Using the outdoors to promote mental well-being

Nurture by Nature

Nature was the theme of the UK mental health awareness week in May, and that rightly so.  There is plenty of good research supporting the role nature plays in protecting and promoting the health of our bodies and minds. Our relationship with nature – how much we notice, think about, and appreciate our natural surroundings – is a critical factor in supporting good mental health and preventing distress. So profound is this impact, that ecotherapy- the practice of being in nature to boost growth and healing, especially mental health- is now a recognised well-being intervention. Ecotherapy, also referred to as green care, is an emergent concept from ecopsychology, a term originally coined by an American cultural historian Theodore Roszak.

The scripture in Psalms 8:3-4 “When I consider Your heavens, the work of Your fingers, the moon and the stars, which You have ordained, what is man that You are mindful of him, and the son of man that You visit him?” readily comes to mind in thinking about the therapy of nature.

A recent Mental Health Foundation study showed that 45% of respondents in the UK reported that visiting green spaces helped them in coping with the stress of the pandemic. The nurture from nature however goes further as those who notice and connect with nature are also known to derive other benefits.

Which nature?

Nature has a varied definition when it comes to mental well-being. From green spaces such as parks, woodland, farms, fields, gardens, or forests; to blue spaces like rivers, beaches or canals, waterfalls, and the blue sky; there is plenty to engage with. Even indoor plants or window boxes of flowers; and trees in urban areas count as nature with benefits on well-being. Amazingly, watching nature documentaries has also been shown to be good for our mental health.

Other simple ways to connect with nature include activities that involve using several of our senses to explore its beauty. Intentionally smelling flowers, listening to the sound of the sea or the flow of a river; indulgingly exploring the intricate beauty of elements of nature- the sky, pebbles, leaves, insects and birds are ways to do this. Walking in the woods whilst smelling the fresh forest air and listening out for natures soundtracks from the chirping of the birds and rustling of dried leaves can also be therapeutic.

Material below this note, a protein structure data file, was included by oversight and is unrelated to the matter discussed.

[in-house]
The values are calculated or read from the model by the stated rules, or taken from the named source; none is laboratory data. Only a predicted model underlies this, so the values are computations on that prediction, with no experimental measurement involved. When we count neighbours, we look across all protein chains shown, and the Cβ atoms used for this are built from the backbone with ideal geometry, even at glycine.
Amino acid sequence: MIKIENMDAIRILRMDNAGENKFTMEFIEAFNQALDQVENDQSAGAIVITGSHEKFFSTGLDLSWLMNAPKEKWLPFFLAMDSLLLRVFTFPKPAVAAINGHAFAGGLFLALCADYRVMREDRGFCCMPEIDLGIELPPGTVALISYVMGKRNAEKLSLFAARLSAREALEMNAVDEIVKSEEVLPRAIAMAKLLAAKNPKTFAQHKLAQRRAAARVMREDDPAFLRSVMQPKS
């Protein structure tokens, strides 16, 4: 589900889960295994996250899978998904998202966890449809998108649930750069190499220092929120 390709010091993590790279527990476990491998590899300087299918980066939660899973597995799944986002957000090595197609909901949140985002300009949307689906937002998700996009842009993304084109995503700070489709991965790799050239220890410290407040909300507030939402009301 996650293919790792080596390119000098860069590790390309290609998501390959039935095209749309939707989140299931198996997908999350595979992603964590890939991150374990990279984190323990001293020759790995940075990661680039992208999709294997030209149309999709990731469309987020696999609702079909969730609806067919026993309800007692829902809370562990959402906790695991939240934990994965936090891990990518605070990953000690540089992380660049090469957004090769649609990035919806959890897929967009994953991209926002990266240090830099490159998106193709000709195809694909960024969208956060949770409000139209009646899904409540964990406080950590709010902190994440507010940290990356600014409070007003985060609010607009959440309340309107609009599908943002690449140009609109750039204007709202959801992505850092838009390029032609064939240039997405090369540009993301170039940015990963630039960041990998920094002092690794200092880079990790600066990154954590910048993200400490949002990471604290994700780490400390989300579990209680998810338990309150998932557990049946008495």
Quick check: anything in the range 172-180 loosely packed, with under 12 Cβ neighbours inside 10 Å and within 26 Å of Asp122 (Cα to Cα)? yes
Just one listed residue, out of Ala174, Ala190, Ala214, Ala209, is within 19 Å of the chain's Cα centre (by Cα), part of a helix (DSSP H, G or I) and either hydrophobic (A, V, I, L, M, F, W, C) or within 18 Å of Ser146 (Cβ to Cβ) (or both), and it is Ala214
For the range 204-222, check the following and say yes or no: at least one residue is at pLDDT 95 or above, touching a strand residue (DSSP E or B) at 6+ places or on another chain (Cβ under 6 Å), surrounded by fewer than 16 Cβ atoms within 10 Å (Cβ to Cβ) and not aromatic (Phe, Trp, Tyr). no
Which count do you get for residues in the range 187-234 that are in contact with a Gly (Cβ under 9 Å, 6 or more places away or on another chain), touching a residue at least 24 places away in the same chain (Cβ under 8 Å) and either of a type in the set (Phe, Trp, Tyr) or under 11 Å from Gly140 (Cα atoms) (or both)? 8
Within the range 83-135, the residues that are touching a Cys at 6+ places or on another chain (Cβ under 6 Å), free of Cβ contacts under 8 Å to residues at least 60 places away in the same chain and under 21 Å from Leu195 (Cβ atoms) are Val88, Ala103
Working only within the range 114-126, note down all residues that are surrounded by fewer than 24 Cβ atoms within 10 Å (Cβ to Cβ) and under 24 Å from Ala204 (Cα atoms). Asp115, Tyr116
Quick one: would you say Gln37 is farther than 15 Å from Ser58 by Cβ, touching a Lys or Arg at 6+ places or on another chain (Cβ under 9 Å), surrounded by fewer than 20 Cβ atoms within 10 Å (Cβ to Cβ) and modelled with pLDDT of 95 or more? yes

Engaging in creative activities in natural habitats such as drawing or painting in the woods or on the beach; singing or dancing in green spaces, or even writing or journaling in the park are all means of deepening our connections.

Nurture by nature

Engaging with nature has been associated with reduced risk of mental health problems, feeling happier, improved life satisfaction and positive emotions such as calmness, joy, improved concentration, and enhanced creativity. Specifically, being in a green space has been linked to less anxiety, fewer depression symptoms, and lower stress levels and our ability to connect with other people. Spending time in nature is known to help children with attention problems think more clearly. Other benefits include increased physical activity and better physical health. The benefits derived from exercise such as walking or running seems to be boosted when done in natural environments rather than indoors. This has been linked to reducing feelings of anger, fatigue and sadness. Apparently, there is something about being in nature that has a beneficial effect on stress reduction, above and beyond what exercise alone might have produced.

The reasons why spending time in nature has these effects on us are complex and still being understood. Social contact, physical exercise, contact with natural light seem to have parts to play. Vitamin D derived from exposure to sunlight has been associated with regulating mood.

Recreating Outdoors indoors

If the benefits of nature are so profound on mental wellbeing, how about making effort to recreate the outdoors in your living and work area? What can you do? An aquarium or artificial fountain at home or in the office; potted plants, paintings of wildlife and scents of outdoor can have enhancing effects. A simple, but profoundly beneficial one that can be overlooked is decluttering to create the sense of space and light in our living areas.

You can also bring nature indoors by listening to audio and video recordings of nature on Television and online. Listening to recordings of nature’s sound on headphones can be soothing and calming.

I am interested in hearing how you engage with nature. Do you have a sweet spot you go like I do? Let’s hear from you by email –